The Fishing Line: Summer Time is Here and the Fishing is Smokin’

Some of the best times my wife and I get to spend with our grandson, Max, are during the summer when our idea of relief from the muggy summertime heat is a cool day out on the water. Our most recent outing included fishing, shelling, exploring and swimming the keys and islands around John’s Pass.

I always start early in the morning, cast netting around the John’s Pass Bridge for pilchards to use as bait for the trout, redfish, flounder and mackerel regularly caught during this time of year. Minutes after picking up Max and my wife, Wilma, from the boat ramp, we were casting our baits into the trout-laden waters just off the channel. Six-year-old Max was the first to get a hit as BAM! a big trout crashed his bait right out of the water. It’s a real hoot how excited he gets! He reeled and reeled and landed a nice 20-inch trout, not bad for the first fish of the day. We fished that spot for about an hour and caught more than two dozen nice-sized trout, as well as several mackerel, ladyfish and a couple of flounder. Ladyfish are not recommended for eating, but they give some real sporting action when caught, which is very exciting for kids and grown-ups alike.

When the trout action died down, we motored just a few minutes northeast to Ernie’s Island. The three of us walked the entire perimeter of this small mangrove island, sometimes on the beach, and where the mangroves have overgrown the beach, sometimes in the knee-high water that surrounds it. Max found a perfect pen shell almost 8 inches long and immediately declared it “valuable treasure.” While exploring the interior of this small speck of real estate, we came upon what appeared to be a memorial marker made of a cross in concrete surrounded by shells. We took turns making up stories of why it was there and what it meant. After a quick swim, we were off to a favorite spot to catch some redfish.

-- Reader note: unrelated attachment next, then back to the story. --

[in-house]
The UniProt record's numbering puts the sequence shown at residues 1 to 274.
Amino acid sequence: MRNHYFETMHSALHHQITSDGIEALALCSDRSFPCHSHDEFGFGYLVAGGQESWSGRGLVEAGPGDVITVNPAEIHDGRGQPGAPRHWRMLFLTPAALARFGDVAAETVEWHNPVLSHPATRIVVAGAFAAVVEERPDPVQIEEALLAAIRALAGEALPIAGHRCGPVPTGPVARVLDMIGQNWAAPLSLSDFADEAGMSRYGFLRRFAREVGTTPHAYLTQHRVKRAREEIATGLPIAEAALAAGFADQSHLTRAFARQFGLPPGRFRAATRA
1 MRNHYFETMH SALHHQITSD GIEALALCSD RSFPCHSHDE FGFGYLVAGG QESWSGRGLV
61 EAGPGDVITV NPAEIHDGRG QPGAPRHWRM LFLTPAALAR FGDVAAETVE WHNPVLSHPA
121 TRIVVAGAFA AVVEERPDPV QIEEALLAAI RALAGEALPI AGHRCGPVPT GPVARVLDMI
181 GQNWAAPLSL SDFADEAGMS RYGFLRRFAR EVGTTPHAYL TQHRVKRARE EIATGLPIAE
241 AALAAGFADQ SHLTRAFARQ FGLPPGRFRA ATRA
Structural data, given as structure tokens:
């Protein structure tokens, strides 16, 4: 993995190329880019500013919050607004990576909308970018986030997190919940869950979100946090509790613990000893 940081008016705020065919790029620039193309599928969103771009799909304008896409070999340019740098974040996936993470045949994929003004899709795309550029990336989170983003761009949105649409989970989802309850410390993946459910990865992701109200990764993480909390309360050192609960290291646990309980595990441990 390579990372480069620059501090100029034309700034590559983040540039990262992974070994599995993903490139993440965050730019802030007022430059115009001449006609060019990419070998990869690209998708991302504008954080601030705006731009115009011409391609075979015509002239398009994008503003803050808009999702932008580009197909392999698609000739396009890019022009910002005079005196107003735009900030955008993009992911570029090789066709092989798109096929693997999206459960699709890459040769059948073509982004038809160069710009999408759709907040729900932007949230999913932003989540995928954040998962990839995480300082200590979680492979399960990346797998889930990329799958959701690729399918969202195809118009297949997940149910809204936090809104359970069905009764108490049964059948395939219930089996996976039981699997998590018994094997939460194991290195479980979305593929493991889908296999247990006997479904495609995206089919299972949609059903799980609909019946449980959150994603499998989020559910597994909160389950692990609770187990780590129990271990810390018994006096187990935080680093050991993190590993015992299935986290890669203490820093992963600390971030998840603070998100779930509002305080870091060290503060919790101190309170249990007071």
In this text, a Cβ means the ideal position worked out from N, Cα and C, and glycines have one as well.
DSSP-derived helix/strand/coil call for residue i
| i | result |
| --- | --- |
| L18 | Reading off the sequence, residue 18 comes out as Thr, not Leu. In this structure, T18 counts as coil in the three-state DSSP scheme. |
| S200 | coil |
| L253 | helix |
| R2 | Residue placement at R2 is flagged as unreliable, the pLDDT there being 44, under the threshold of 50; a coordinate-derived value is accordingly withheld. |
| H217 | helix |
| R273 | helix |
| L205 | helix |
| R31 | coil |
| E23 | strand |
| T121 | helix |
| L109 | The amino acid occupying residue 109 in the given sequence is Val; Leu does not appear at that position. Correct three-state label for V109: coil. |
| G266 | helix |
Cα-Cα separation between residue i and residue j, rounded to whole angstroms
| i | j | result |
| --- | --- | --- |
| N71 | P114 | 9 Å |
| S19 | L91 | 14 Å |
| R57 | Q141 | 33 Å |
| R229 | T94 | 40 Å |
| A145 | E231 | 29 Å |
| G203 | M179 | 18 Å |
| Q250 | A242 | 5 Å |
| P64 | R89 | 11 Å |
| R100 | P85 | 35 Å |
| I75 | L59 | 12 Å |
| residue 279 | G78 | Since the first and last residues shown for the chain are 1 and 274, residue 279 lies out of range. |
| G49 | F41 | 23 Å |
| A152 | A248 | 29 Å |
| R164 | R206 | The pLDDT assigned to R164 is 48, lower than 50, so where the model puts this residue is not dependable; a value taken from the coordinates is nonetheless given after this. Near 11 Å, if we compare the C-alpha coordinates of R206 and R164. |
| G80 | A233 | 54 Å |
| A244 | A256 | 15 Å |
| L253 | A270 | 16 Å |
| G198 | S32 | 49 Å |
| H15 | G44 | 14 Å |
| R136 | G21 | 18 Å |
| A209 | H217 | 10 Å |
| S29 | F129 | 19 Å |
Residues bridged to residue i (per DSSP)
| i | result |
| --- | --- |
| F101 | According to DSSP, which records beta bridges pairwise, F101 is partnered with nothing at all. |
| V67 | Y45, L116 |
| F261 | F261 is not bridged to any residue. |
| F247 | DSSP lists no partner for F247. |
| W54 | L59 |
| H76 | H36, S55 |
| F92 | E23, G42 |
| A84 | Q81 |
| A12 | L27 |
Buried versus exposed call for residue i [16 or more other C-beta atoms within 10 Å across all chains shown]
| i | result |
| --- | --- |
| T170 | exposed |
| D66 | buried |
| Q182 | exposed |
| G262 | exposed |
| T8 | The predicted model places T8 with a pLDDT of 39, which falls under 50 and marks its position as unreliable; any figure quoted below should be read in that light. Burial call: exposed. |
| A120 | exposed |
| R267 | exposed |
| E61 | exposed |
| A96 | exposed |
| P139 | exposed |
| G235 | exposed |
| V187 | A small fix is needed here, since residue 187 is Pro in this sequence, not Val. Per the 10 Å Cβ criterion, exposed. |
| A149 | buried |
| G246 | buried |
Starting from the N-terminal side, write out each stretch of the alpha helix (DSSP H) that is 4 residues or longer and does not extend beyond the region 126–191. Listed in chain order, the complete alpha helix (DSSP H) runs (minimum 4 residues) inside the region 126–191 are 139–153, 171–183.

Using cut pinfish on the high tide, we tossed our baits near the oyster beds surrounding the island and waited patiently for the fish to bite. It took about 20 minutes but, with a little help from his Pappa, once again Max was the first to hook up and land a nice 29-inch redfish. He was so thrilled to have his picture taken with a fish more than half his size. Between the three of us, we caught four more good-sized redfish in that spot. Then the dolphins came through and gave us a heck of show, but that was the end of the fishing.

We anchored up on the sandbar just east of the John’s Pass Bridge, a popular spot for weekend boaters. Max likes to jump off the side of the boat and let the outgoing current carry him as far as he dares. After collecting some shells and sand dollars, we called it a day and headed back to the boat ramp.

I can’t think of a better way to spend a summer day.

For more information inshore fishing you can contact Captain Ted Nesti at 727-393-6129 or online at

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